The shooters were romantically involved
Despite Hollywood’s penchant for romantically linked killers such as the real-life Bonnie Parker and Clyde Barrow or the fictional Mickey Knox and Mallory Wilson, it’s highly unusual for lovers to perpetrate mass shootings.
That’s not surprising considering how unusual it is for there to be multiple shooters in general.
The seventh example from the aforementioned Everytown analysis occurred in Crab Orchard, Tennessee, in September 11, 2013, but unlike the other six incidents involving women, police said this was a drug-related robbery.
Jacob Bennett and his girlfriend, Brittany Moser, are accused of killing a woman and three teens. Officials said the pair left the bodies in a parked car on the side of the road near Crossville.
According to a report in the Crossville Chronicle last month, the pair face a slew of charges, including several counts of murder, and are expected back in court in February.
They fled the scene
Farook and Malik went home after Wednesday’s shooting, an odd occurrence in itself. The FBI statistics show that of the 160 active shooter scenes in its report, in only 29 did the shooter leave before police arrived. That’s just over 18%.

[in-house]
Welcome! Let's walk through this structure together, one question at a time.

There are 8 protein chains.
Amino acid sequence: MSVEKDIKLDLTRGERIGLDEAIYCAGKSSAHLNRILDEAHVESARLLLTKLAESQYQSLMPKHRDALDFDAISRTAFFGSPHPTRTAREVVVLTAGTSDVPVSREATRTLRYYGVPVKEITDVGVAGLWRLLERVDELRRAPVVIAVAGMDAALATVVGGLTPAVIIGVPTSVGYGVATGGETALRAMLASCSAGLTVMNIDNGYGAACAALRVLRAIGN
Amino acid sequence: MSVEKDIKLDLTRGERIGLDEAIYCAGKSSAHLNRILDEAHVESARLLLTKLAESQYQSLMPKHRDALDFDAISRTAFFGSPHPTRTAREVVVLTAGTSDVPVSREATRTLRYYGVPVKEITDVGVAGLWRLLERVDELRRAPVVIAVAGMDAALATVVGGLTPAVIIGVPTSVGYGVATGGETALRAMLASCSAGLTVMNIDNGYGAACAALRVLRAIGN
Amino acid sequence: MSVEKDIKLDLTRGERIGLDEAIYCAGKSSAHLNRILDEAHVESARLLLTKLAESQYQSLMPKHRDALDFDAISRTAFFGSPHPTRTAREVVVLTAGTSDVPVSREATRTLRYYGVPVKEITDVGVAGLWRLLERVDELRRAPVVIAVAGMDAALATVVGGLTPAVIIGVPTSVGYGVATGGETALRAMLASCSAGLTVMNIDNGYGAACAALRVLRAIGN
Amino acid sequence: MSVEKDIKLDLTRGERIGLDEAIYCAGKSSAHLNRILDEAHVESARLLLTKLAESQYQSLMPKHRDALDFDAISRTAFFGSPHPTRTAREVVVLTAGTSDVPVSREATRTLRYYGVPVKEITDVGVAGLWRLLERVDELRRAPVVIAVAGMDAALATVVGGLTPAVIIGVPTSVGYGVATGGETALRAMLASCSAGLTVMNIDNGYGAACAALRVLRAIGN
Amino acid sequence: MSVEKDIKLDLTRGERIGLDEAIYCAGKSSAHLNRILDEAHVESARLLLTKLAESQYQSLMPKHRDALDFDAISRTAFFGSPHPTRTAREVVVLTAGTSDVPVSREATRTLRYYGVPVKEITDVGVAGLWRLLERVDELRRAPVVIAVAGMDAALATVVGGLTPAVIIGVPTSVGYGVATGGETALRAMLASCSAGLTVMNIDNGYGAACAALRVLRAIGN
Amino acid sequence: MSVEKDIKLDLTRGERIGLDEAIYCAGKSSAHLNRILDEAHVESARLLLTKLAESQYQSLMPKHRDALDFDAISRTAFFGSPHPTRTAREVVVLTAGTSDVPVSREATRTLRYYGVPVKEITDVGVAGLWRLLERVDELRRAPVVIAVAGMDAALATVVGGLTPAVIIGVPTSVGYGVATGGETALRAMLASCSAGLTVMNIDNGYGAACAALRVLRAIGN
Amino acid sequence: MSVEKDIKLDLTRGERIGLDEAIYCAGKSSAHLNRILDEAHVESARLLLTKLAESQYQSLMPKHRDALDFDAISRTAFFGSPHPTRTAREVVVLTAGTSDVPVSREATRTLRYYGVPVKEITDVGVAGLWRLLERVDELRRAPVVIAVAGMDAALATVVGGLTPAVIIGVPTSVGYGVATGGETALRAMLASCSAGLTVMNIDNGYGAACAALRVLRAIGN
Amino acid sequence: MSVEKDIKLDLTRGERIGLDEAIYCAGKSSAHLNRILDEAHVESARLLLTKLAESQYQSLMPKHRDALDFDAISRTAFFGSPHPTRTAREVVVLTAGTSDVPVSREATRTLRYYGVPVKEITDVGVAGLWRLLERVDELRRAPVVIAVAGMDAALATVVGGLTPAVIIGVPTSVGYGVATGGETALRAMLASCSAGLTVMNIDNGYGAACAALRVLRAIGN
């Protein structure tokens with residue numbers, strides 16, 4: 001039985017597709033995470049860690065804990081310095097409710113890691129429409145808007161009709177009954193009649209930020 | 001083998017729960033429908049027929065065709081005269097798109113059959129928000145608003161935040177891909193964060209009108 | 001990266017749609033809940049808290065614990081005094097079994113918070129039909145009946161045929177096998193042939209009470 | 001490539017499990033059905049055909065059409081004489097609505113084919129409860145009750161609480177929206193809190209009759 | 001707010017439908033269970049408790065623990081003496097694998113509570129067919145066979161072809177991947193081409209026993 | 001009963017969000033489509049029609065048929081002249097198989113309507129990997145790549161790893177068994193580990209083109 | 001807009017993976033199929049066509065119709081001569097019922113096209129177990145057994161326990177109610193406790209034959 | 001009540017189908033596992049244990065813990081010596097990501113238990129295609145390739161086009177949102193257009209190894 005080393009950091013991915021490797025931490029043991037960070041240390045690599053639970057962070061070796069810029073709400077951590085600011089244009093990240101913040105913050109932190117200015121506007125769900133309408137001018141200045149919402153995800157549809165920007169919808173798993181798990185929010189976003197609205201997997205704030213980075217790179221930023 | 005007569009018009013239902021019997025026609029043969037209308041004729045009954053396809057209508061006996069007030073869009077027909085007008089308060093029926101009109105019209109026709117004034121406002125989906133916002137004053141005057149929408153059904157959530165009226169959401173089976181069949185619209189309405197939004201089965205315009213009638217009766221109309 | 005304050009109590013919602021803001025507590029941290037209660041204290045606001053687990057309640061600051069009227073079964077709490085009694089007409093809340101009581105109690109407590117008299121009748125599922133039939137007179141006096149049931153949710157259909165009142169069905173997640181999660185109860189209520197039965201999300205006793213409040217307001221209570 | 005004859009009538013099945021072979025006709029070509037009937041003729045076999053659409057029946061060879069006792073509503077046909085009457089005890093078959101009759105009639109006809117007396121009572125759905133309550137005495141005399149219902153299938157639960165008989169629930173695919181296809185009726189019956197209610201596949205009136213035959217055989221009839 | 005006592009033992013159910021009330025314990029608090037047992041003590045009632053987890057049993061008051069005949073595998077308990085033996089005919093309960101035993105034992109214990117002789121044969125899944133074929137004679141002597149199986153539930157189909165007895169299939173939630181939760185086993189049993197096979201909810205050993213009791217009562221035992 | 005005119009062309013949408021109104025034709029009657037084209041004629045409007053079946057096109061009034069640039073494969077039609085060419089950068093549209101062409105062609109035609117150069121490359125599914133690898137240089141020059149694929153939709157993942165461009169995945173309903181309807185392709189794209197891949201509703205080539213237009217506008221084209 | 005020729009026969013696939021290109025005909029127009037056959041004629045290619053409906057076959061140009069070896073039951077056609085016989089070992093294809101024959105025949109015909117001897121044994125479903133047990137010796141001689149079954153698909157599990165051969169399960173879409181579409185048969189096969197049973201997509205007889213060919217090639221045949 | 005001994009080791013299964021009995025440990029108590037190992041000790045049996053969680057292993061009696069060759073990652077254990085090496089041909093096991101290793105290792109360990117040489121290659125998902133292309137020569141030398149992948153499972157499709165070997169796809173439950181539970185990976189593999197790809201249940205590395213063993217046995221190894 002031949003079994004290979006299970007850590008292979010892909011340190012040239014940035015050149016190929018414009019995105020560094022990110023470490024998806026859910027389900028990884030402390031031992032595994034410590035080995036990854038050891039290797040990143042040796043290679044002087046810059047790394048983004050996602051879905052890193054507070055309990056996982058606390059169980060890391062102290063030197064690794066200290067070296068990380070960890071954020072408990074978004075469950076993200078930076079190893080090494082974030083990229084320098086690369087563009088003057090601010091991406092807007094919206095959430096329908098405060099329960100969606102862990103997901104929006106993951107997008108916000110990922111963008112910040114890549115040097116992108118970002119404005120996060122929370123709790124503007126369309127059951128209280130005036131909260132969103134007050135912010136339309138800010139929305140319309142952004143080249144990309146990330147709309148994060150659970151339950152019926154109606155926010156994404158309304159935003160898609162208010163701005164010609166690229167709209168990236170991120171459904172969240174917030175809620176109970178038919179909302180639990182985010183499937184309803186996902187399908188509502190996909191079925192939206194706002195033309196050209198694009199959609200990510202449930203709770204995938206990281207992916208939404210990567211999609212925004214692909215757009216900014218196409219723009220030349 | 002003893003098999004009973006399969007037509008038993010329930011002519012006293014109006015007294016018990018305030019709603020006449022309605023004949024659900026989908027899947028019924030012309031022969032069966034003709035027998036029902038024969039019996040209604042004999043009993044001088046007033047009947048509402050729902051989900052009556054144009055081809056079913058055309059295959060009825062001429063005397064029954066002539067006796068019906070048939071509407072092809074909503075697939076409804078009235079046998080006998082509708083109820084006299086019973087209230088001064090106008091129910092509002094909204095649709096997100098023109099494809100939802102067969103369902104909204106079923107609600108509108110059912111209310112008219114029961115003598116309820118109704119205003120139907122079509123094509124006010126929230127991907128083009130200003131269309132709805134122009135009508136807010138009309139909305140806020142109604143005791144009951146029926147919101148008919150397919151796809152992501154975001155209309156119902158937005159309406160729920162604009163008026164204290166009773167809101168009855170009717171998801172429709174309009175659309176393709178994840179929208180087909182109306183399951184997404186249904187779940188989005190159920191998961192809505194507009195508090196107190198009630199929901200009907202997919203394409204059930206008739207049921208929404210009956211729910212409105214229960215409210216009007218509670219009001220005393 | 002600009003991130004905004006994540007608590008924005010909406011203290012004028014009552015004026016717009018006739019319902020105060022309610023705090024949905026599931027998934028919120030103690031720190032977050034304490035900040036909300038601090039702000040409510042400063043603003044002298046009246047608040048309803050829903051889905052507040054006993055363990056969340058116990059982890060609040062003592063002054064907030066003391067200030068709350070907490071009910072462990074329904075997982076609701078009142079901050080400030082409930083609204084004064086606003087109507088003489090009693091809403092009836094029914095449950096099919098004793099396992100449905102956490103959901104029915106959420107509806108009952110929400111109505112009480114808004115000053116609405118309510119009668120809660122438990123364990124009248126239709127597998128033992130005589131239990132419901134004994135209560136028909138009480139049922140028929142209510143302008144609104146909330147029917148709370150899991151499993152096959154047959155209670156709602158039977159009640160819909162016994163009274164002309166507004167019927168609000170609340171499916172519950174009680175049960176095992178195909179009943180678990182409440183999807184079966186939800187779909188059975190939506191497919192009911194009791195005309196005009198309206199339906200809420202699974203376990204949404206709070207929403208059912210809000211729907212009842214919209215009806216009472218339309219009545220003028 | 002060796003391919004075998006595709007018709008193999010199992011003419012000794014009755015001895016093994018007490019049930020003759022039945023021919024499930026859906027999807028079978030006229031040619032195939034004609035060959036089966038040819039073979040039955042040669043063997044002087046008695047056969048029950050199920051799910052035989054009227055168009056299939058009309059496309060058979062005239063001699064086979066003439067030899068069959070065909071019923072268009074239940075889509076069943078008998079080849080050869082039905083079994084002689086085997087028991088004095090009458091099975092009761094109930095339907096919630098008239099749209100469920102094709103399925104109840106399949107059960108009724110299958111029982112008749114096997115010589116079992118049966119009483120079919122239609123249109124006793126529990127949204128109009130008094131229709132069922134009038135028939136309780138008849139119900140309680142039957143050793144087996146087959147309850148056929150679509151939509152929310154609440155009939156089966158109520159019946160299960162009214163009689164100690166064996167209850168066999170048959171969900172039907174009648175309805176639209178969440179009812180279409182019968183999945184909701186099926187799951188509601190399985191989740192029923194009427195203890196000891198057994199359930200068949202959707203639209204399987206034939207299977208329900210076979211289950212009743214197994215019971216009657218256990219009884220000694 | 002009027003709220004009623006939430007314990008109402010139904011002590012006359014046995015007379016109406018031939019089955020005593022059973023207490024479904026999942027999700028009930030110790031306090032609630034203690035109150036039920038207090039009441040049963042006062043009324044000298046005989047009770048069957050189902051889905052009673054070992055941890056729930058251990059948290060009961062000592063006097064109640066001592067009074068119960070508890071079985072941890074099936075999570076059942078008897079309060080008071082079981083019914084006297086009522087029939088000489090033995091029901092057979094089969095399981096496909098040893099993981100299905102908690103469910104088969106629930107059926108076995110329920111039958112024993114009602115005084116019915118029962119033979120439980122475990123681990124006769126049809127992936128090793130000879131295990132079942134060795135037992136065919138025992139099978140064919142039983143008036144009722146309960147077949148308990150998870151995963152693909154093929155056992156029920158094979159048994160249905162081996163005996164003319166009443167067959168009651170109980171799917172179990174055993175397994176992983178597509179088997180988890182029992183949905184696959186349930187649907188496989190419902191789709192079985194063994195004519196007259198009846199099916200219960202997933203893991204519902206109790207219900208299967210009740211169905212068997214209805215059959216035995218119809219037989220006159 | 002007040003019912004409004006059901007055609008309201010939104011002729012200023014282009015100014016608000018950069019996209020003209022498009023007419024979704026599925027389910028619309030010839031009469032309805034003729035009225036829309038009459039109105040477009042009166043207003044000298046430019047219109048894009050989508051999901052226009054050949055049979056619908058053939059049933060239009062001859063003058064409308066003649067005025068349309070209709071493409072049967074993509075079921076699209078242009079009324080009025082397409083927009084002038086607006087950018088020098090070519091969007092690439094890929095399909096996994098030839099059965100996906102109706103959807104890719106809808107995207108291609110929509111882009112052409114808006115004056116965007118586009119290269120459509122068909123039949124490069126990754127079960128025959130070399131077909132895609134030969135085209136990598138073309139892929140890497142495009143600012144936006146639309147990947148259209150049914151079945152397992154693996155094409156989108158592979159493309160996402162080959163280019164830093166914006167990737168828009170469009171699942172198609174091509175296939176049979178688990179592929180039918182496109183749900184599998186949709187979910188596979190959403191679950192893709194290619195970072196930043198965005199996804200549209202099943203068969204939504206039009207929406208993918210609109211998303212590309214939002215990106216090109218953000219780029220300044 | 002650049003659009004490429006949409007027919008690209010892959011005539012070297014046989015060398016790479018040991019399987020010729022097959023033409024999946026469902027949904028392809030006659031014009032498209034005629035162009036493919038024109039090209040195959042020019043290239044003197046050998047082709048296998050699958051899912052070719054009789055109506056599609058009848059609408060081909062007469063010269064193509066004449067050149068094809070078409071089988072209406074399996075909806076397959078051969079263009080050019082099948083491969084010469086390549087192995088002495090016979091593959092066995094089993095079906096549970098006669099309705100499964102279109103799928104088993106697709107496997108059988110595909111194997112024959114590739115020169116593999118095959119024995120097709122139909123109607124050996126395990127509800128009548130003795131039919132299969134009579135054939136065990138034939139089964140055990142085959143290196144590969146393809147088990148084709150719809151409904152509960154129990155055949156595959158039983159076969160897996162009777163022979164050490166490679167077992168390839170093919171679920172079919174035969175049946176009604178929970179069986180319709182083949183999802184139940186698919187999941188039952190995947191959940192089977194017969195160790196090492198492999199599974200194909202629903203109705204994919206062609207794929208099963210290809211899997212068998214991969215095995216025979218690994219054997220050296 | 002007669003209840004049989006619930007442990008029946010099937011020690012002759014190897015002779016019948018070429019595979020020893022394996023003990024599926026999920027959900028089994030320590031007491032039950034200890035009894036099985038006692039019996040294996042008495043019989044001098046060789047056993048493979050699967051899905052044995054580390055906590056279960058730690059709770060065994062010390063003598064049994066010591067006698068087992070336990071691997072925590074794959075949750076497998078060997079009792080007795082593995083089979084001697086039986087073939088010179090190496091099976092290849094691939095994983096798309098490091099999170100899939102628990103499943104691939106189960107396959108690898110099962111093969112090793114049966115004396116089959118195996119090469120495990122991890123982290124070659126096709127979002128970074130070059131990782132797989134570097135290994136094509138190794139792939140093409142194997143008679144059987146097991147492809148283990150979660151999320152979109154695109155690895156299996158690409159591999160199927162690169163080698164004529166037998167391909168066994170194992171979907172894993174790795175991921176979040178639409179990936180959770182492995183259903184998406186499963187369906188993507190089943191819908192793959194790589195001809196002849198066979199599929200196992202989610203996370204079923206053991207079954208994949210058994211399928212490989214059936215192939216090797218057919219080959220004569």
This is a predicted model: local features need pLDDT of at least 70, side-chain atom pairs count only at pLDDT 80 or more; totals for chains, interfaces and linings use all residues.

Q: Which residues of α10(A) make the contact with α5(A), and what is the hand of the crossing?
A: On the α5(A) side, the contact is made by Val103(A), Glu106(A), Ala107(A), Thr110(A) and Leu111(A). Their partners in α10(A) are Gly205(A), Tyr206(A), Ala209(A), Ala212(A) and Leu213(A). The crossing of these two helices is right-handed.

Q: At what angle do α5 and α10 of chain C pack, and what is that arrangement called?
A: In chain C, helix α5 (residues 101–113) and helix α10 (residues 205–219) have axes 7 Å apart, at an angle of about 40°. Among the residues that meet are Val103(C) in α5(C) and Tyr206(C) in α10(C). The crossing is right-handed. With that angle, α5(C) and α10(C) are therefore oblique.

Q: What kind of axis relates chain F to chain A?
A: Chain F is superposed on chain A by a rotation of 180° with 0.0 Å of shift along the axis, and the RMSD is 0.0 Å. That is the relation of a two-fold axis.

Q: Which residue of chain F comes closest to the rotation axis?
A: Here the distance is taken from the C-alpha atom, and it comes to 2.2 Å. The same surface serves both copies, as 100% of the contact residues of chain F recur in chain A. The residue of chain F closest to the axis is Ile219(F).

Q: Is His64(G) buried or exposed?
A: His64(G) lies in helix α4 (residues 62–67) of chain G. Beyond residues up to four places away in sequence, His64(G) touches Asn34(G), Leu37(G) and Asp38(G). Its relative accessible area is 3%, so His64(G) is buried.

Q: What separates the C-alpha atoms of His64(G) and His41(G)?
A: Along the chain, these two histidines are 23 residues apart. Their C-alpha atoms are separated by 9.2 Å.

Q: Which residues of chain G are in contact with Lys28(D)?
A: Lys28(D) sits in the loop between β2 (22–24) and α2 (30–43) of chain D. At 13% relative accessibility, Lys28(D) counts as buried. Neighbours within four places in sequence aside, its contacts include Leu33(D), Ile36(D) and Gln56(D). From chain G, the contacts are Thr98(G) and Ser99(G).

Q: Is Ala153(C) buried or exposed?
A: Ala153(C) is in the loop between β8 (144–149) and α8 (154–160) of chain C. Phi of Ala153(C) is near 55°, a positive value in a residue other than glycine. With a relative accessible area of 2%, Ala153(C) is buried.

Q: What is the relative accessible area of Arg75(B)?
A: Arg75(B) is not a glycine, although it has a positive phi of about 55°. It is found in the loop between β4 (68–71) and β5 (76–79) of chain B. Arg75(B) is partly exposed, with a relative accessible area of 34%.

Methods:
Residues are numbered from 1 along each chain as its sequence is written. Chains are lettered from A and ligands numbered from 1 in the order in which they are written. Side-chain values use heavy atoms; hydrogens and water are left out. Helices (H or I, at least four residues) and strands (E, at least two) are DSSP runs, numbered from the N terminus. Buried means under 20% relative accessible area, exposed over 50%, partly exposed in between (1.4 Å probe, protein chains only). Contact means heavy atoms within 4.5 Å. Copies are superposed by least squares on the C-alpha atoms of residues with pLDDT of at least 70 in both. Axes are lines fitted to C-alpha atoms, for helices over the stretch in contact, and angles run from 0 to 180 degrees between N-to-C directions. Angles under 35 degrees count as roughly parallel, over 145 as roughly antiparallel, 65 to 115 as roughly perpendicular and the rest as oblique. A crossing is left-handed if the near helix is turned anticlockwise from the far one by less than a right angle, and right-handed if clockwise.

Police brought the San Bernardino incident to a close when several officers opened fire on the pair after a police chase.
In 76 of the 160 cases, the shooter was arrested, subdued by civilians or killed.
Authorities exchanged a tremendous amount of gunfire with Farook and Malik — the pair fired an estimated 76 shots at officers, while 23 officers unleashed 380 rounds in their attempts to subdue the shooters, according to police.
According to the FBI report, of the 45 incidents in which police and assailants traded gunfire, four ended with the shooter dying at a location other than the scene. Twenty-one shooters died on the scene, nine were wounded and arrested, nine committed suicide and two surrendered.
In 64 of the 160 instances, the shooter took her or his own life. While 10 did so somewhere other than the scene of the crime, 54 killed themselves at the site of the slayings.